May 4, 2010
Today is our daughter Lucy’s first birthday! For those of you who haven’t read the story of her birth, complete with Twilight-hating anesthesiologist and Scrabble game interrupted by broken water, it’s all here.
It’s been a marvelous first year. I’ve resisted posting too much about Lucy, although when we caught her first real laughter on video, I couldn’t resist.
I just realized I’ve never explained how Lucy got her nickname, “Baby Owl.” I will, right after these pictures from throughout her first year:
Before Lucy was born, Heather and I went back to Michigan for Thanksgiving. Everyone wanted to know, What were we going to name our daughter? Heather, who is the master of the deadpan, secretly instructed my sensible Aunt Lorna beforehand, “No matter what name we say, no matter how ridiculous, act like it’s perfect.”
So when we were asked what name we would pick, Heather said with a straight face, “Owl. Her name will be Owl Kennedy.”
My mother flipped. “Owl!” she exclaimed. “That’s a terrible name! Are you crazy? All the kids will make fun of her on the playground! Hoo-hoo! Hoo-hoo!”
Aunt Lorna said, “I don’t know. It sounds like a pretty good name to me. Owl . . . Owl! I like it, actually.”
“You’re all NUTS,” said my mother.
“You see, James?” said Heather to me in fake outrage. “This is why I don’t want to tell your mother anything.”
We let a few days go by, to prolong the torture. As it turns out, my mother felt horribly guilty about her outburst, but we enjoyed watching her squirm. (She claims she “couldn’t sleep” and had long conversations with my sister and father worrying whether she’d offended Heather.)
A couple days later, Heather and I had more or less forgotten about “Owl,” but over lunch my mother said, “I just wanted to apologize for what I said. Owl is a beautiful name. Whatever you want to name her is fine with me.”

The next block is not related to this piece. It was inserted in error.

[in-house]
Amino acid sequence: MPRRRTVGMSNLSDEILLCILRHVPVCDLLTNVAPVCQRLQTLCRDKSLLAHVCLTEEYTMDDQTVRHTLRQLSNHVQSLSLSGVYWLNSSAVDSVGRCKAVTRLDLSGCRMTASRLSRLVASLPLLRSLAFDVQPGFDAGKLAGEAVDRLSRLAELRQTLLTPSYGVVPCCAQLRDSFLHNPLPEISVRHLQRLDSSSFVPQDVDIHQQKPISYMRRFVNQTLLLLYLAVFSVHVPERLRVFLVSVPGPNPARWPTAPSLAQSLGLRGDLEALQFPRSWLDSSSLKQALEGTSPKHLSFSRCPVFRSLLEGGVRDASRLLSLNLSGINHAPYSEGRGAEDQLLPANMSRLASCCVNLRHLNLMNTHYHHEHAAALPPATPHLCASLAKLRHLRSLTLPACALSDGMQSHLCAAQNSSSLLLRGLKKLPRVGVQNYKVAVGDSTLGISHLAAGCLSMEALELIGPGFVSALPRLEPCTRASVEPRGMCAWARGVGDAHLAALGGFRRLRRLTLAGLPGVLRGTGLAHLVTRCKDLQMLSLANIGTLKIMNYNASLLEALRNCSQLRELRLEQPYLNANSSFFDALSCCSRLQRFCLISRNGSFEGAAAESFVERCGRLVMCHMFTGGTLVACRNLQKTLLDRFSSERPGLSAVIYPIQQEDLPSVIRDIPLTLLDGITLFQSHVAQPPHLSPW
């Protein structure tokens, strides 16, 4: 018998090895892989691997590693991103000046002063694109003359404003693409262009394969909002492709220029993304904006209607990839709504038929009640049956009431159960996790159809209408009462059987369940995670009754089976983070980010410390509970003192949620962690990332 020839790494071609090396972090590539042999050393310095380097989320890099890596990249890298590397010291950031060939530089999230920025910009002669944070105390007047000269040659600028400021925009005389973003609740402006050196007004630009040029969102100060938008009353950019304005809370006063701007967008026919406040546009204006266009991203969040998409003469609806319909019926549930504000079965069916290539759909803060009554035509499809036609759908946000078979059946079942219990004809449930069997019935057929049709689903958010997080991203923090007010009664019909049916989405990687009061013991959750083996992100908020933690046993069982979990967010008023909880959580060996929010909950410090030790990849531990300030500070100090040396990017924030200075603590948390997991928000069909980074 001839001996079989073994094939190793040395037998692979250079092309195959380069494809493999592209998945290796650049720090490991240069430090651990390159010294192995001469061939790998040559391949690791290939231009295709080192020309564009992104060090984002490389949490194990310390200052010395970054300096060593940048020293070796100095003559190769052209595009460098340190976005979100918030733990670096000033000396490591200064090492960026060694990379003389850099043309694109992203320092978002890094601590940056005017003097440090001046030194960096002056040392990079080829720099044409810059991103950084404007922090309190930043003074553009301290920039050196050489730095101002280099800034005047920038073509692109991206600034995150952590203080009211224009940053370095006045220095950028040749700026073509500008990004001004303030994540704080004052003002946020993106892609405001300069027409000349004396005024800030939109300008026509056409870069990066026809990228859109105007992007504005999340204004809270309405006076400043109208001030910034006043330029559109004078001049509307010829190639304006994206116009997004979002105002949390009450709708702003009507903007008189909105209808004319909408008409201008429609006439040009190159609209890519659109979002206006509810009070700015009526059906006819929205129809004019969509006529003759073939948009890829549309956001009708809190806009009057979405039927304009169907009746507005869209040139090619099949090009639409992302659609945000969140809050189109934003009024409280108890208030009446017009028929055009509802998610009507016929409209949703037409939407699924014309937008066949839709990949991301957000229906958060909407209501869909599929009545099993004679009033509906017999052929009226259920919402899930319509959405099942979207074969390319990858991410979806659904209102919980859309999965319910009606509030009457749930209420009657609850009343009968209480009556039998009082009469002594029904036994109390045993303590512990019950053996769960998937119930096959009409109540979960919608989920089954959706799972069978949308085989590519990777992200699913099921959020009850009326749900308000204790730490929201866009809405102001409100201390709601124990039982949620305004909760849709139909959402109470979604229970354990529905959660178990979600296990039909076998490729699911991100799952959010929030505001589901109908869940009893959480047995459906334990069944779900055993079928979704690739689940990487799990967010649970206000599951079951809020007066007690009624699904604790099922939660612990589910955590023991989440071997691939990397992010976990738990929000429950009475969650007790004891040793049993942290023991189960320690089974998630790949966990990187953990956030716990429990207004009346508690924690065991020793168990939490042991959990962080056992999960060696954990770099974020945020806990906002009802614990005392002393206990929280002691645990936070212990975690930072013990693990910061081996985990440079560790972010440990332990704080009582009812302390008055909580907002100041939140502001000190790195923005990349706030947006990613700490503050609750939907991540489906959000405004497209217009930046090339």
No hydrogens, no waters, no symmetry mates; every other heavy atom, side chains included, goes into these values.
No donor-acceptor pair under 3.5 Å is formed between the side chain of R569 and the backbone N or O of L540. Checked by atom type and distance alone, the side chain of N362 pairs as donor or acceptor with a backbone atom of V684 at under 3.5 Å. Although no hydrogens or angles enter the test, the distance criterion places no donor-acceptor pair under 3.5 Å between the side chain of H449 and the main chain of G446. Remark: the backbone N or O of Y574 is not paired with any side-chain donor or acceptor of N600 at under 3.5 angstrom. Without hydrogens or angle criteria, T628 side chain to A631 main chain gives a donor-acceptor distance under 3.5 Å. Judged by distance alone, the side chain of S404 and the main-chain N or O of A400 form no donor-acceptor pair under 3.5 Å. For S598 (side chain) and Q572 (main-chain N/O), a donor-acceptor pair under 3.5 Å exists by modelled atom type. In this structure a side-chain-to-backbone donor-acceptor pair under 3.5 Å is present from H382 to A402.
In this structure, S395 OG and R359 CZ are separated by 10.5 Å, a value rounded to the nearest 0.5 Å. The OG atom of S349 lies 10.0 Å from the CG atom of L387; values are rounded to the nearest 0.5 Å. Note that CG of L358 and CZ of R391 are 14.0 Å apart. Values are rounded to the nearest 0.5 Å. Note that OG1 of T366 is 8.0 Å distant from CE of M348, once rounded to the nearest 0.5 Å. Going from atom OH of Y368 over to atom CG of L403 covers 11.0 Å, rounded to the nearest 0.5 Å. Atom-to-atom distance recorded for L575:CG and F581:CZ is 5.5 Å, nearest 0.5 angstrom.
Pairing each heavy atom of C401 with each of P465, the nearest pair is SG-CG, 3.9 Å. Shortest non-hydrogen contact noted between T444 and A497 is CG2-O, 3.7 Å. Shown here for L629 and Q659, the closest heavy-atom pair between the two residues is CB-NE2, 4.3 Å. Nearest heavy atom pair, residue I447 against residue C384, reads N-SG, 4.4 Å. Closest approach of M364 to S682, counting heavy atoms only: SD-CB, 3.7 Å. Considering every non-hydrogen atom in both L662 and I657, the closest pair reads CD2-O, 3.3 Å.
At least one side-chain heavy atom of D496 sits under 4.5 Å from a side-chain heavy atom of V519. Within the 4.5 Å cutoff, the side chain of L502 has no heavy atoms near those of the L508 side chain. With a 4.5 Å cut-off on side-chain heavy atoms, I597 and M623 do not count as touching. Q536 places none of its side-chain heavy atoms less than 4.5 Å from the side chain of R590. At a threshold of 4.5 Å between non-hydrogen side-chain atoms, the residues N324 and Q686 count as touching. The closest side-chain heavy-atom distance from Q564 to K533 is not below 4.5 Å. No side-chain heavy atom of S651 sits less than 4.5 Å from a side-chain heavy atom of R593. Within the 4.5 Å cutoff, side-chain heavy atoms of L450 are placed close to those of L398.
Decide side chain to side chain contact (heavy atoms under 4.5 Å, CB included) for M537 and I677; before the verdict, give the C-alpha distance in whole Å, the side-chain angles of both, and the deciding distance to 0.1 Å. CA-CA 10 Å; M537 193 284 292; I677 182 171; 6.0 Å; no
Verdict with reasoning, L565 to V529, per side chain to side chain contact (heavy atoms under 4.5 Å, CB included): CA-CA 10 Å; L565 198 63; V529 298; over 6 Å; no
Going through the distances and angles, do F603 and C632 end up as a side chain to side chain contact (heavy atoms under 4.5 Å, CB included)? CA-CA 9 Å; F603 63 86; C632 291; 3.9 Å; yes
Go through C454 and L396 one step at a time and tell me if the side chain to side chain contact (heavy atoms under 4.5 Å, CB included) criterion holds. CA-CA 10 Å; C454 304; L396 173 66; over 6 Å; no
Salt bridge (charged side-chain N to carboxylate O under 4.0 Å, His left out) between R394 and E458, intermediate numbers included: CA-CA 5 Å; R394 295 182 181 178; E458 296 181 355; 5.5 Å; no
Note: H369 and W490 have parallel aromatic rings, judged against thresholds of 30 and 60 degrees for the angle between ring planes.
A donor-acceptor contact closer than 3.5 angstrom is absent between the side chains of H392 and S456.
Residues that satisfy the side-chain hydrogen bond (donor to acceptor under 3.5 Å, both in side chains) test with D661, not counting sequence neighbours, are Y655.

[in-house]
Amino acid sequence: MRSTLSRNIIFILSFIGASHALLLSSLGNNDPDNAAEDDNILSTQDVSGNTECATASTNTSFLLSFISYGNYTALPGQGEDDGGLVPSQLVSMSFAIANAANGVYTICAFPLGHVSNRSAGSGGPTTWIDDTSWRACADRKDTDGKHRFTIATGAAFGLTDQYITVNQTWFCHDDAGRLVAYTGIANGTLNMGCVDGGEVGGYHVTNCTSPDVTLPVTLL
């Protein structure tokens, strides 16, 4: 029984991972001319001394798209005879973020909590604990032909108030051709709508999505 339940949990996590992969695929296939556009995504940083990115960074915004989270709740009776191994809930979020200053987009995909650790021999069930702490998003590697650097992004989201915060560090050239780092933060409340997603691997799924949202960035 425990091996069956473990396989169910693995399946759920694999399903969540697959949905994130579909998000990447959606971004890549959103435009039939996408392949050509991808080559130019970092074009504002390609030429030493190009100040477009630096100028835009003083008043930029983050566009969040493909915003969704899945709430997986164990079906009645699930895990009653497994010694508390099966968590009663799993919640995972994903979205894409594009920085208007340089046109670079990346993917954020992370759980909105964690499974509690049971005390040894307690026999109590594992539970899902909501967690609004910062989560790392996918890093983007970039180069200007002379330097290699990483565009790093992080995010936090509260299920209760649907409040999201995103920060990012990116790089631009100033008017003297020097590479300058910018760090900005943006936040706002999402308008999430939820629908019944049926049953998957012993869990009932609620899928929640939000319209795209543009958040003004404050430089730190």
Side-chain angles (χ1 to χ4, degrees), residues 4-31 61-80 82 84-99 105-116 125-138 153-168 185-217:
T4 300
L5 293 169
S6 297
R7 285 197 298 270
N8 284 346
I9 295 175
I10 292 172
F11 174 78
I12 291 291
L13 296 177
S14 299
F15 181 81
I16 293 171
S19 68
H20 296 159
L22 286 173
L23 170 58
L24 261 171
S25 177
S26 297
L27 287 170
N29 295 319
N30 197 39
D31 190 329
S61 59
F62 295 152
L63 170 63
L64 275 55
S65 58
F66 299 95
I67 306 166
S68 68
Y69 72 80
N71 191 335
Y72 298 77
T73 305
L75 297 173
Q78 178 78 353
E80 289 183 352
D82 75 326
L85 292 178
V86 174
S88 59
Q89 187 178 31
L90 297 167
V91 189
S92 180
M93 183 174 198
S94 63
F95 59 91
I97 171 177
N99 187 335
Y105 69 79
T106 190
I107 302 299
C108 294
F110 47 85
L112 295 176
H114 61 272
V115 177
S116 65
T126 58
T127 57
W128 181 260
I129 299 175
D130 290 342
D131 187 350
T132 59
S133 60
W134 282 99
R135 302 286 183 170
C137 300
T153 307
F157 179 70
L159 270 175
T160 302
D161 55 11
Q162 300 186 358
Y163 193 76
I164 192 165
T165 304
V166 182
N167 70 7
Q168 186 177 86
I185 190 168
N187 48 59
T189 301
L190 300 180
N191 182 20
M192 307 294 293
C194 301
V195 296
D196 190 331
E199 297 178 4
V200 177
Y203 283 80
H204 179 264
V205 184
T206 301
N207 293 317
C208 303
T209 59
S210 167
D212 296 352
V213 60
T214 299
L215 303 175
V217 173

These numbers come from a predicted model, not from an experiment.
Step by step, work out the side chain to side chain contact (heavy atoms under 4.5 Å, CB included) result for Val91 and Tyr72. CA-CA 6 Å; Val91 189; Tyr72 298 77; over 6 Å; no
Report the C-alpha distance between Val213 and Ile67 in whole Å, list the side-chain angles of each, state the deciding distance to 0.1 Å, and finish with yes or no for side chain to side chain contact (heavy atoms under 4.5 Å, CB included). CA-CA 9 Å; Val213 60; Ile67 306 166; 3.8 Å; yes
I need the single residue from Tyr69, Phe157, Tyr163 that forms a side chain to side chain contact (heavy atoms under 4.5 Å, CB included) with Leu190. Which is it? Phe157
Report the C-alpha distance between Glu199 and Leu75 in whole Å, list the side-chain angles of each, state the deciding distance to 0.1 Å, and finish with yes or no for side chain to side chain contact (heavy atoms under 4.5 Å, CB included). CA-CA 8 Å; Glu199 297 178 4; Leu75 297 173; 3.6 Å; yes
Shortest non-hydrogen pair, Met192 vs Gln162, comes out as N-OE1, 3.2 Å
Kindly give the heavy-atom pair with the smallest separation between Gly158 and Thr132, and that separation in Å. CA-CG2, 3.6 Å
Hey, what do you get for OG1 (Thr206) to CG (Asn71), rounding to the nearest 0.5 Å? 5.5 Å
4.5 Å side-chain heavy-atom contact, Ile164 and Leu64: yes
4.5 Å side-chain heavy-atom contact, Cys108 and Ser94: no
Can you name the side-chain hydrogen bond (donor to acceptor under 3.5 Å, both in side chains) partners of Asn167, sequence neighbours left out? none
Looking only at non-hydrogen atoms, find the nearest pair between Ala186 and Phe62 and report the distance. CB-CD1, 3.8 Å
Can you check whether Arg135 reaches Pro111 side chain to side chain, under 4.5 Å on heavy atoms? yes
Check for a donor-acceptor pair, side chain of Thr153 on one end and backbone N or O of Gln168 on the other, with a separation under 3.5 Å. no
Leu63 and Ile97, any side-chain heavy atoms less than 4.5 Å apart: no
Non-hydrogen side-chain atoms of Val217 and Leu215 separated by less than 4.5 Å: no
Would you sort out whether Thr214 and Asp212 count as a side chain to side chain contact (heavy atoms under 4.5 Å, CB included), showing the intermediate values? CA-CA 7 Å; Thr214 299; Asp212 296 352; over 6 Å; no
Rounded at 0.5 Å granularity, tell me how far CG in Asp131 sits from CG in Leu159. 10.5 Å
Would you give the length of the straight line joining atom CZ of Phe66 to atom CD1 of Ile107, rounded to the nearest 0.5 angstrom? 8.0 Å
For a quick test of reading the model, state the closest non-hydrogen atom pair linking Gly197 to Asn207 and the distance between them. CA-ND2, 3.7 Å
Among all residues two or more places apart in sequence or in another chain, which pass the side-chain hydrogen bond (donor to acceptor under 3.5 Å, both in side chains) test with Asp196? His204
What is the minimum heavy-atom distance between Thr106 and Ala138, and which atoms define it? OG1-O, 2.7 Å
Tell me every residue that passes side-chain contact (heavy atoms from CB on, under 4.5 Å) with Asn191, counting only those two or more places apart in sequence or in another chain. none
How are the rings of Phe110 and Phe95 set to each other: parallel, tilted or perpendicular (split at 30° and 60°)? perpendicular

Heather and I burst into laughter. “Owl?” we snorted. “We’re not actually going to name her Owl!”
“Oh thank God,” said my mother.
Since then, she’s been Baby Owl. Even when pregnant, we referred to Lucy as Owl, to the point where her cousins Domingo and Amalia half-believed that Heather had an actual owl inside her. I think they were a little disappointed when Heather gave birth to a human instead.
When Lucy was born, I went to Humboldt Park, picked a ton of dandelions, and made dandelion wine. The idea was that we would drink the dandelion wine at her first birthday party. The day of the party, though, I totally forgot! I think most people were relieved. When I was making the dandelion wine, it smelled absolutely foul. Also, Humboldt Park (where I was once jumped by hooligans and beaten) might not have the finest dandelions in Chicago. The ones I used are probably coated with exhaust from the California and Division buses, trampled by soccer players, or smothered by late-night canoodlers.
Also, one of the four bottles of dandelion wine I made spontaneously exploded. Clearly, I don’t know what I’m doing. I blame Ray Bradbury.
Time for amusing hair.
At Lucy’s birthday party, we set a cake (made by my cake-master nephew Theo!) in front of Lucy and waited in happy anticipation to see her tear into it. However, Lucy barely touched it. I think she was too stunned at hearing “Happy Birthday” sung in three different languages.
Happy birthday, Baby Owl. We love you.